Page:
Legislature approves state operating budget; Chandler calls it a ‘roadmap to the future’
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With only a day remaining before a new fiscal cycle for state government takes effect, lawmakers in Olympia approved a 38 billion-dollar state operating budget Monday evening, and sent it to the governor. John Sattgast reports from Olympia.
Sattgast: It took nearly six months, three special sessions, many various budget proposals, and a lot of frustration. But in the end, lawmakers came together on a two-year state operating budget that gained strong bipartisan approval Monday in both the House and Senate.
Representative Bruce Chandler of Granger is the ranking Republican on the House Appropriations Committee who was instrumental in the negotiations of the final agreement.
Chandler: “With all of the forces working toward the opposite, I believe that in the end, that this is a budget that more than others I've seen in the past, really provides something to protect and to serve every part of the state. This truly is a statewide roadmap to the future.”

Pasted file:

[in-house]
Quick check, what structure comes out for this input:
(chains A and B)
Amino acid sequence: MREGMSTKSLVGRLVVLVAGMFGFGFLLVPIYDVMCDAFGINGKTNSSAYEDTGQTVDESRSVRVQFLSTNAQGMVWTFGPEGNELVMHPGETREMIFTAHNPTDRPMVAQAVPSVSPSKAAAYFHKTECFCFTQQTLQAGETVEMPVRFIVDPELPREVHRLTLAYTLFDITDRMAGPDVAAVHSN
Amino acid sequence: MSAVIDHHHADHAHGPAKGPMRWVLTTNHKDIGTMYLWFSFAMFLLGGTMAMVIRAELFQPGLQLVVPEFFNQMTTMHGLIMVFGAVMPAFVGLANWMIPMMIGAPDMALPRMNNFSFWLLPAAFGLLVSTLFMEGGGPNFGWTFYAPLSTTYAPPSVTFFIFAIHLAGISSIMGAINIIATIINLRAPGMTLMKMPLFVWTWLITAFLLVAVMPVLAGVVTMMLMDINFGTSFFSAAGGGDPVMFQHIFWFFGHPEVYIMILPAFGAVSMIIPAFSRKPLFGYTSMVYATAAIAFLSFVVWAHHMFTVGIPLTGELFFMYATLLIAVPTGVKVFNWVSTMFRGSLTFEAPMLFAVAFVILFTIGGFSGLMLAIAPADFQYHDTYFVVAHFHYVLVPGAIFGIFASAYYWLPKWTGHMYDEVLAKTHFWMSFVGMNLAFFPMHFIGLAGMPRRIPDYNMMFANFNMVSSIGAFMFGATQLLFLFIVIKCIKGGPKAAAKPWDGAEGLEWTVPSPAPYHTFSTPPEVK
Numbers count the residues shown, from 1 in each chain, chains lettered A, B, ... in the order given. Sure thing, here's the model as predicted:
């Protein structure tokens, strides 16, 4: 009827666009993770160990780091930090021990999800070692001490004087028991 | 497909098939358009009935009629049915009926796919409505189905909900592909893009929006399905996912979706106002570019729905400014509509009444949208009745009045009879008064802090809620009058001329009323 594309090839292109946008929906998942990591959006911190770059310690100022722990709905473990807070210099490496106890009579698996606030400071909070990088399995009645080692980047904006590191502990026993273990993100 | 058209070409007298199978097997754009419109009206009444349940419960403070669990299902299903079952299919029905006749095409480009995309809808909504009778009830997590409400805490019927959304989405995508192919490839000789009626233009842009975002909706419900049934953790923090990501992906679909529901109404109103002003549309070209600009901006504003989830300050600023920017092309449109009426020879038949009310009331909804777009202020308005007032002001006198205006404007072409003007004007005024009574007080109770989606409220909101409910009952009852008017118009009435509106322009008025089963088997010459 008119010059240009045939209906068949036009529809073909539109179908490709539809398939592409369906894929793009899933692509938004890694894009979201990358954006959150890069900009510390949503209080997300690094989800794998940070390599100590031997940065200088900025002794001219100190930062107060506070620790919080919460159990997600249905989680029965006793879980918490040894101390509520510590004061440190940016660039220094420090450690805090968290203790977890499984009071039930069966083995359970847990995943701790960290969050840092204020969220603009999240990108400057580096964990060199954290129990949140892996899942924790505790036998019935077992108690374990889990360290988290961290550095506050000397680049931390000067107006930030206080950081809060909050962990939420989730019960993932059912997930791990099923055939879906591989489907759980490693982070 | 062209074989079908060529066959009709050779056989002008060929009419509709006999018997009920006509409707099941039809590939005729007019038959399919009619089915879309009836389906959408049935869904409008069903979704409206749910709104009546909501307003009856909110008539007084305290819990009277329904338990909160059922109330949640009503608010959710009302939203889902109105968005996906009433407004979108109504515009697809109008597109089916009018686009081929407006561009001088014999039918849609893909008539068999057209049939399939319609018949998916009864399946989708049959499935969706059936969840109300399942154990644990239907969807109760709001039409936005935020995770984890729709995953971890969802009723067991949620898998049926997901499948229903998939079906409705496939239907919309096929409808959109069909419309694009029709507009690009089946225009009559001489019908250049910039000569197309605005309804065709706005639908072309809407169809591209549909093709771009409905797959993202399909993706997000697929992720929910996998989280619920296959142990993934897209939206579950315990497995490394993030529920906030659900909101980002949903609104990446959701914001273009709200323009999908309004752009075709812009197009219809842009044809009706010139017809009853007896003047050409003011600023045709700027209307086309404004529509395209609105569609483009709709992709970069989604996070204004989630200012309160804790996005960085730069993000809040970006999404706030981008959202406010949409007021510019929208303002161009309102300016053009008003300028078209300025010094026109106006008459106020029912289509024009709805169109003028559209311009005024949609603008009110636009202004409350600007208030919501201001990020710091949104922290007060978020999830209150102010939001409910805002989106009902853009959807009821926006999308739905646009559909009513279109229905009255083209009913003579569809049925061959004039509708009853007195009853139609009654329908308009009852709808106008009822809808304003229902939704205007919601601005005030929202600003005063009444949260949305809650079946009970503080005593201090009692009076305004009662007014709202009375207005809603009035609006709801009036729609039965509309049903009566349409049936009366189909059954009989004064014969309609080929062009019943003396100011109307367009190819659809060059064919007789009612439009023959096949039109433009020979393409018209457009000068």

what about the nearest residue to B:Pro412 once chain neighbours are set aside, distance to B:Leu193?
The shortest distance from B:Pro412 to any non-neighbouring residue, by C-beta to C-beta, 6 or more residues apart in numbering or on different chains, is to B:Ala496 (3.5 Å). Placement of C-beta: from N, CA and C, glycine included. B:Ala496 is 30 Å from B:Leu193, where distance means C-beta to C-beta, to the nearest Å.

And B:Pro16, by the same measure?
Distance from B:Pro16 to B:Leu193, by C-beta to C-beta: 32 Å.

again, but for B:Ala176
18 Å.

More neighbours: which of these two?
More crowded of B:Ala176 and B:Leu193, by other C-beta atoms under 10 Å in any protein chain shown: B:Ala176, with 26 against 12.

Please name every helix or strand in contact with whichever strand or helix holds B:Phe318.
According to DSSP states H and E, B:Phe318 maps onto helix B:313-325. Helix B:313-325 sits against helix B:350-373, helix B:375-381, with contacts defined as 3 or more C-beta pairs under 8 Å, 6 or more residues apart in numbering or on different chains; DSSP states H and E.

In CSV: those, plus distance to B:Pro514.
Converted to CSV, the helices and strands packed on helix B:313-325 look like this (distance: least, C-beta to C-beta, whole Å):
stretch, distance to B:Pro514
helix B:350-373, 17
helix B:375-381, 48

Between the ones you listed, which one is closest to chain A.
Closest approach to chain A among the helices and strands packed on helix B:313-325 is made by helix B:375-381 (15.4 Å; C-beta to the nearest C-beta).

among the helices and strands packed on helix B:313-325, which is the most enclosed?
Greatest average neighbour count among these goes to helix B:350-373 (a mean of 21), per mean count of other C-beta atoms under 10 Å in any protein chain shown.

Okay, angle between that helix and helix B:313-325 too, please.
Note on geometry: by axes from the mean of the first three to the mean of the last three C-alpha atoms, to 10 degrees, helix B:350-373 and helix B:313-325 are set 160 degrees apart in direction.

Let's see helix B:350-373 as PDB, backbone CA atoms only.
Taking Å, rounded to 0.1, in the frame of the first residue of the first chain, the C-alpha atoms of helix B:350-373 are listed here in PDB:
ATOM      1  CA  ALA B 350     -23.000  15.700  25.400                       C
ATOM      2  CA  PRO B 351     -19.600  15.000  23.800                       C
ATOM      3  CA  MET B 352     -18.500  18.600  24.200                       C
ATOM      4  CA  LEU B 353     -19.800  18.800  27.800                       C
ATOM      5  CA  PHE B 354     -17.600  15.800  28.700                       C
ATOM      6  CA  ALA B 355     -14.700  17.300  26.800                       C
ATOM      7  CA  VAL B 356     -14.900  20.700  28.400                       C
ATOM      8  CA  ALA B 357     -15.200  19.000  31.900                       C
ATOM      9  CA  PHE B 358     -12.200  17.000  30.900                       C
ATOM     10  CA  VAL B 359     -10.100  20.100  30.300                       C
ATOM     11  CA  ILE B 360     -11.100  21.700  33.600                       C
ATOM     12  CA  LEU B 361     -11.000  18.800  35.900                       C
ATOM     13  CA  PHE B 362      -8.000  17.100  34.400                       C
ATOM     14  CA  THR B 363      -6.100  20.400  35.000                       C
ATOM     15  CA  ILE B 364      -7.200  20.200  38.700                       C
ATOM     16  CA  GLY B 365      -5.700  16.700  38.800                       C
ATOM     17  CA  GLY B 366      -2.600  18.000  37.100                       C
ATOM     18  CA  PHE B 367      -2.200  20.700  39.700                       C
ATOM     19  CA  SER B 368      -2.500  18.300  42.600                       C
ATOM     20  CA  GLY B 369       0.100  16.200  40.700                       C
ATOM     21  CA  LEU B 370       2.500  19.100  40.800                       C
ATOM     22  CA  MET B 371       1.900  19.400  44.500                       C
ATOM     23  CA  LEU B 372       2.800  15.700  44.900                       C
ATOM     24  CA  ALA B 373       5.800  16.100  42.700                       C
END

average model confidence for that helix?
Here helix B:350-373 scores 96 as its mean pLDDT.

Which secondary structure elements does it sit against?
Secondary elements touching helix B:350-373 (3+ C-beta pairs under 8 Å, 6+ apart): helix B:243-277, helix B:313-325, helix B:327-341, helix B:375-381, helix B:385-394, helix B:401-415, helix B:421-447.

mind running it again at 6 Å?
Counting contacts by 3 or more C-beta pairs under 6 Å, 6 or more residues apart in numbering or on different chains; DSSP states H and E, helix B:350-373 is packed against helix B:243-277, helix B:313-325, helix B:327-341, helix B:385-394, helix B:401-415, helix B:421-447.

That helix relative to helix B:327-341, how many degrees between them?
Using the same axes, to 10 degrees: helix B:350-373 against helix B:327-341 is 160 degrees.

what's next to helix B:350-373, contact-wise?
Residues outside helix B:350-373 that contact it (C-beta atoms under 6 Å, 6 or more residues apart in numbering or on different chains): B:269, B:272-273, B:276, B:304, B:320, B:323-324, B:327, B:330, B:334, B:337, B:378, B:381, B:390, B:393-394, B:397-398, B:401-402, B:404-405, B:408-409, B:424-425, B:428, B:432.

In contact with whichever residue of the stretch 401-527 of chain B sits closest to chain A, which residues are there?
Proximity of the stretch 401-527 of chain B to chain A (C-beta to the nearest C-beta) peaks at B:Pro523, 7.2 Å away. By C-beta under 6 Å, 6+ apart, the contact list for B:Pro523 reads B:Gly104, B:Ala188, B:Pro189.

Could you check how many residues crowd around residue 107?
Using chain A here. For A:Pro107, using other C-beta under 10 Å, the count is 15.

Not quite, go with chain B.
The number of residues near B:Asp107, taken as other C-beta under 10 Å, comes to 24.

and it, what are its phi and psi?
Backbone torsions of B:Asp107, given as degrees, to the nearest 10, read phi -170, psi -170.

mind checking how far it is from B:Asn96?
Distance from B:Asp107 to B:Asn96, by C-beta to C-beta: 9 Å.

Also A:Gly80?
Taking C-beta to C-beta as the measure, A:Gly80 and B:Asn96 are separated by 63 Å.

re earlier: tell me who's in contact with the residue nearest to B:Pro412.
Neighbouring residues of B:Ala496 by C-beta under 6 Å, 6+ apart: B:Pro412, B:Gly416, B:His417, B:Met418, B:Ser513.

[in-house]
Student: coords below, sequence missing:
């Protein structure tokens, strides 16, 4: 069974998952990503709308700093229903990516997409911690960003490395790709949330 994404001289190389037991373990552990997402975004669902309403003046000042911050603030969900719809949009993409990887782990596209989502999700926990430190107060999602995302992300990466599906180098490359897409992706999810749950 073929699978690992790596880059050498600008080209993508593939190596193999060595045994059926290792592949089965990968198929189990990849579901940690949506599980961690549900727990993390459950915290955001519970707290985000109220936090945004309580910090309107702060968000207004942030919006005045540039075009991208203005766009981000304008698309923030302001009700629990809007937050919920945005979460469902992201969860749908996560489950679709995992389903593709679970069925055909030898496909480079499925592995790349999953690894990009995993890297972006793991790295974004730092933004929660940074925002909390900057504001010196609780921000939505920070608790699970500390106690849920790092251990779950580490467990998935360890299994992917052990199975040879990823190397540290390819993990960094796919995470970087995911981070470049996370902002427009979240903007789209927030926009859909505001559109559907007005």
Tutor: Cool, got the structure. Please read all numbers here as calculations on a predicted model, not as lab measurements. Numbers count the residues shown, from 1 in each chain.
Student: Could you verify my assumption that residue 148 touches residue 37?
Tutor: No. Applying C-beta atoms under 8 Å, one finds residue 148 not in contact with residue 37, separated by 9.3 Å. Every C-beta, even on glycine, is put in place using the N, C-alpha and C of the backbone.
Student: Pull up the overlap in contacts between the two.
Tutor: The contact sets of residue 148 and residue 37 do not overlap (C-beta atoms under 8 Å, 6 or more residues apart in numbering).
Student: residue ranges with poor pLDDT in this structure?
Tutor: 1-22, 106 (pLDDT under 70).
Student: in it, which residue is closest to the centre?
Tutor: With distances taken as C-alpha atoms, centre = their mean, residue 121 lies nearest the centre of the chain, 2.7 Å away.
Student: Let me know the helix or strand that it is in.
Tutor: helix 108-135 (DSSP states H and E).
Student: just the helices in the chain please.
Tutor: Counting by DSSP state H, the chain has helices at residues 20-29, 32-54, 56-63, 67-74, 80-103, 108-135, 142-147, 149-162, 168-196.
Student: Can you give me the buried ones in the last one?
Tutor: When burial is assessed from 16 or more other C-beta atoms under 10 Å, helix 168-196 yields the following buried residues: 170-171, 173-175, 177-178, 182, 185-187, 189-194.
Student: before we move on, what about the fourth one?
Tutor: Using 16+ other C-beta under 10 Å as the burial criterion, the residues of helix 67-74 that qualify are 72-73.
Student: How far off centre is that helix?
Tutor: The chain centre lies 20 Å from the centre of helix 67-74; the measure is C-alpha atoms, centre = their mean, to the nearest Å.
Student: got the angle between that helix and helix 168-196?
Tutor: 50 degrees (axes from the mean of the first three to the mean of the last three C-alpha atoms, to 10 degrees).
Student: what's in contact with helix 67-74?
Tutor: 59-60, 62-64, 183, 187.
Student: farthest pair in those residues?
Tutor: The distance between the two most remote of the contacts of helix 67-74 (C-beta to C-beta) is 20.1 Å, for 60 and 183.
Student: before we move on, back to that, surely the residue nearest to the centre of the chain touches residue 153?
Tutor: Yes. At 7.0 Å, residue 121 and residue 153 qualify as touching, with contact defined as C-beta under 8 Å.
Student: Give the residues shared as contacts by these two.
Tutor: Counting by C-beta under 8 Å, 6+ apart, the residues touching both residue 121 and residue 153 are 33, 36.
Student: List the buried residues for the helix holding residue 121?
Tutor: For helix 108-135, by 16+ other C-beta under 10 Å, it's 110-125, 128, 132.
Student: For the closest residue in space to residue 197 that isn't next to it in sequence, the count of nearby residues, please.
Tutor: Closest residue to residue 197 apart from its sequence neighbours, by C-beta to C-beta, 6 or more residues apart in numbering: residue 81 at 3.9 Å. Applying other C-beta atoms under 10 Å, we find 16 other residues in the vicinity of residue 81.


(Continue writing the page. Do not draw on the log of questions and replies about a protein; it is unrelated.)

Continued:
Sattgast: The spending plan invests about one-point-three billion dollars in K-through-12 education. It provides cost-of-living raises for teachers and state employees, decreases tuition rates, and makes further investments in the state's mental health system.
While some smaller tax preferences were eliminated, Republicans claimed victory for stopping major tax increase proposals, such as a carbon tax and a capital gains tax Democrats eventually dropped.
Unfinished business at the Capitol includes a final vote on a transportation revenue package in the House and a capital construction budget. Lawmakers expect to finish all their business before midnight tonight.
John Sattgast, Olympia.
###Washington State House Republican Communications
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